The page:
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    • "This discursive framework connects structural conditions with farm men by establishing linear connections between economy , financial stress, mental illness and suicide. Within this framework a psychosocial problematization dominates with an emphasis on stress and depression, help-seeking behaviour and social conditions that contribute to poor mental health such as lack of service provision in rural areas, social isolation and social change (Alston, 2007; Berry et al., 2011; Gregoire, 2002; Guiney, 2012; Judd et al., 2006; Meyer and Lobao, 2003; Monk, 2000; Staniford et al., 2009). "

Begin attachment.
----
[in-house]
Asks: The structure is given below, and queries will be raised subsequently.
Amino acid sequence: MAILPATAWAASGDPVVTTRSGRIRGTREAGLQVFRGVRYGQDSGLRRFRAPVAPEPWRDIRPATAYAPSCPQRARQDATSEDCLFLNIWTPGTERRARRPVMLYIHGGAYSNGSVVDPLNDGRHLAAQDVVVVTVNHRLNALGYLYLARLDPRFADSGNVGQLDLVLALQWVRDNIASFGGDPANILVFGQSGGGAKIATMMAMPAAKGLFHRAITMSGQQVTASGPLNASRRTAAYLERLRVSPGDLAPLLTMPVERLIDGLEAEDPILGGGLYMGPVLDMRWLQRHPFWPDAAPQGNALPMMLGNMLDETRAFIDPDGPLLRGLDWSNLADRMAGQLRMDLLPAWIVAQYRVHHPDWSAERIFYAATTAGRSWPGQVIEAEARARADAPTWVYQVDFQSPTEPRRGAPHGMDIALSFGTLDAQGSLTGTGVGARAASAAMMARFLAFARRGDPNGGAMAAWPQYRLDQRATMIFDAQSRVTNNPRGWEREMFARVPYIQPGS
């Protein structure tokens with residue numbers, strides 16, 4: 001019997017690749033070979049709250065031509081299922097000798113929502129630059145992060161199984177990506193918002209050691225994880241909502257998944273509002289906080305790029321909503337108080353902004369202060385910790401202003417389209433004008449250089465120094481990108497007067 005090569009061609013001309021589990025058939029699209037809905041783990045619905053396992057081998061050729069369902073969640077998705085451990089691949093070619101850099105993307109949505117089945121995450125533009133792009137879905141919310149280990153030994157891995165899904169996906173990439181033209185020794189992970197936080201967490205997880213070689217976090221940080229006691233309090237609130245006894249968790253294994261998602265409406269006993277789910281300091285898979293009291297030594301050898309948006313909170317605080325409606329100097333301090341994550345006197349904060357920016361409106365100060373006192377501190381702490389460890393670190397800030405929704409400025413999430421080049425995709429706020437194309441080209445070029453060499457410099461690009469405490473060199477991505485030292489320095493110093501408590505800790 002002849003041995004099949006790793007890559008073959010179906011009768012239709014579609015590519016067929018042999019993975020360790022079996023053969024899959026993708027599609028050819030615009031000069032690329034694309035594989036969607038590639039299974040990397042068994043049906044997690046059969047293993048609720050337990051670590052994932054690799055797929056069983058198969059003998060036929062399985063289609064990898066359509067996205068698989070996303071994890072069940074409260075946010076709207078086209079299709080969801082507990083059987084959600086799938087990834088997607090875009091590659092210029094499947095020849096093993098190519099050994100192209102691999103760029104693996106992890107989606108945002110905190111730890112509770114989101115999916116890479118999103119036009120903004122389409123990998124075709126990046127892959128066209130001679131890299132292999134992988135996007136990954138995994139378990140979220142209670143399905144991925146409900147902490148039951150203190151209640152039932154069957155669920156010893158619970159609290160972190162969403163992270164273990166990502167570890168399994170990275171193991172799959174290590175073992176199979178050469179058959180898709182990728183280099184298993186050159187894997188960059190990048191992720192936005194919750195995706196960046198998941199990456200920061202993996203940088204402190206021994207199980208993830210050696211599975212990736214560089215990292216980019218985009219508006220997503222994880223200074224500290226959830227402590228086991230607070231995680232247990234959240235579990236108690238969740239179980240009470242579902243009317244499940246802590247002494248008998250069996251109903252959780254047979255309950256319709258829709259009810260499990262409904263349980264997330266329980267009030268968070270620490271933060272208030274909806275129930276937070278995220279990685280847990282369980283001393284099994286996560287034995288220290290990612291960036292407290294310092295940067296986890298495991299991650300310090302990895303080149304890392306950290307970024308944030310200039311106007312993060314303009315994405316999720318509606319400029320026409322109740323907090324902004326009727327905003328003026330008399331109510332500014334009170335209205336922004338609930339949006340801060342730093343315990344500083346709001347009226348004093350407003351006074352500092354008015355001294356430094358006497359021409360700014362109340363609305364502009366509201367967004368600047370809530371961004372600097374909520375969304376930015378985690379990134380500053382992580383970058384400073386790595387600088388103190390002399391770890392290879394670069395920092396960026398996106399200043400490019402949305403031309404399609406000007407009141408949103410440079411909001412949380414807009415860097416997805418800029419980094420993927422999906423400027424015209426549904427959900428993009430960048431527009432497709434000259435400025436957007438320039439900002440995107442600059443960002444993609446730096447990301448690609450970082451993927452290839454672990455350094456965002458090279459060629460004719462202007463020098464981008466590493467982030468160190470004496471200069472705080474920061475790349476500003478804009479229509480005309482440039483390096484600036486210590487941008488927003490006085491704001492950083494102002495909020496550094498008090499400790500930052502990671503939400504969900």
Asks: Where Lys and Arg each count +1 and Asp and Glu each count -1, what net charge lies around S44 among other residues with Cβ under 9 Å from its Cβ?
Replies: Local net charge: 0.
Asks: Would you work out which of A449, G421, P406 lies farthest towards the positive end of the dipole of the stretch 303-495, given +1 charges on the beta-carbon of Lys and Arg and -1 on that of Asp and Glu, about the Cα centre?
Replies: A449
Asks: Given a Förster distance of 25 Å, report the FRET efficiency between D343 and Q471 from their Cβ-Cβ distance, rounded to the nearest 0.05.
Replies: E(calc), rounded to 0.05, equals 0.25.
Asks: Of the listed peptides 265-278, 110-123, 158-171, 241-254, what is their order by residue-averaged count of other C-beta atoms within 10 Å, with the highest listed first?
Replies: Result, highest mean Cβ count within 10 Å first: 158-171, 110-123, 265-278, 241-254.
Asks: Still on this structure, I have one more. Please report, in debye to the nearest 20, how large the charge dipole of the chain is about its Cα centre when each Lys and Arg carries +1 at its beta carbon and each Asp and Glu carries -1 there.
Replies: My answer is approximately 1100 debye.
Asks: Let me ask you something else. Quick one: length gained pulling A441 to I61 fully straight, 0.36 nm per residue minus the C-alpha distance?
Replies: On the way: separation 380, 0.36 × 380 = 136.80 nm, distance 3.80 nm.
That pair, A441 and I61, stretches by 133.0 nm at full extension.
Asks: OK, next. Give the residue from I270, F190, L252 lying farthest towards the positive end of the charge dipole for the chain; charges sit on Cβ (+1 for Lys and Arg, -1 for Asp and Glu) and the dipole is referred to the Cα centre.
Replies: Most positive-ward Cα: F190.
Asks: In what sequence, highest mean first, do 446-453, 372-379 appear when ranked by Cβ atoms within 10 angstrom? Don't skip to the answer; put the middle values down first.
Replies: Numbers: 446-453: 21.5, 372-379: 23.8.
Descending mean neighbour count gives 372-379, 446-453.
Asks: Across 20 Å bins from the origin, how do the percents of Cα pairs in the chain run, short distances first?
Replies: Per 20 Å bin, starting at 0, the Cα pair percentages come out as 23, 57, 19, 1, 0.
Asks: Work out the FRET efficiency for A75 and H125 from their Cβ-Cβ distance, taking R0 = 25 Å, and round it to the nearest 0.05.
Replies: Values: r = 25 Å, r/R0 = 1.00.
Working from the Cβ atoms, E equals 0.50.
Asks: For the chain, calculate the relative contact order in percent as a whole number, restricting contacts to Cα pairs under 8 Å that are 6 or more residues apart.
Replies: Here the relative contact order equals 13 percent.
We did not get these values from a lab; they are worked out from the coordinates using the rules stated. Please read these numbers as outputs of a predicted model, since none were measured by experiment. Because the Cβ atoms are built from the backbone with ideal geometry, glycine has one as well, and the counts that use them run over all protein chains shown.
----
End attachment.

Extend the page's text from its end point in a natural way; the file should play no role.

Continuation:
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    ABSTRACT: In the international literature farmer stress, mental illness and suicide are linked to economic conditions affecting farm viability that have emerged in relation to the neoliberal transformation, corporatization and globalization of agribusiness juxtaposed with climate change and concerns over environmental sustainability and periodic agricultural crises. Research and scholarship in this area has largely been framed through mental health frameworks informed by positivist and ‘psy’ discourses that marginalize ethical, political and emotional dynamics that shape farmer distress. At the margins of this dominant discursive framework however, interdisciplinary scholarship is emerging that problematizes farmer distress and suicide. This paper extends and contributes to this body of scholarship through insights derived from critical consideration of the operation of a moral economy in relation to farmer distress. It draws on elements of Andrew Sayer's work, which poses intersections between moral economy, political economy and wellbeing, to analyse empirical data from interviews with Australian wine grape growers experiencing distress. The paper demonstrates that in this case study, emotional distress arises from ethical breaches within social and economic relations between farmers, corporations and the State. In doing so, it brings the ethical and emotional dimensions of economic activity to the fore and thus calls for the problematization of social and political responses to farmer distress and suicide prevention.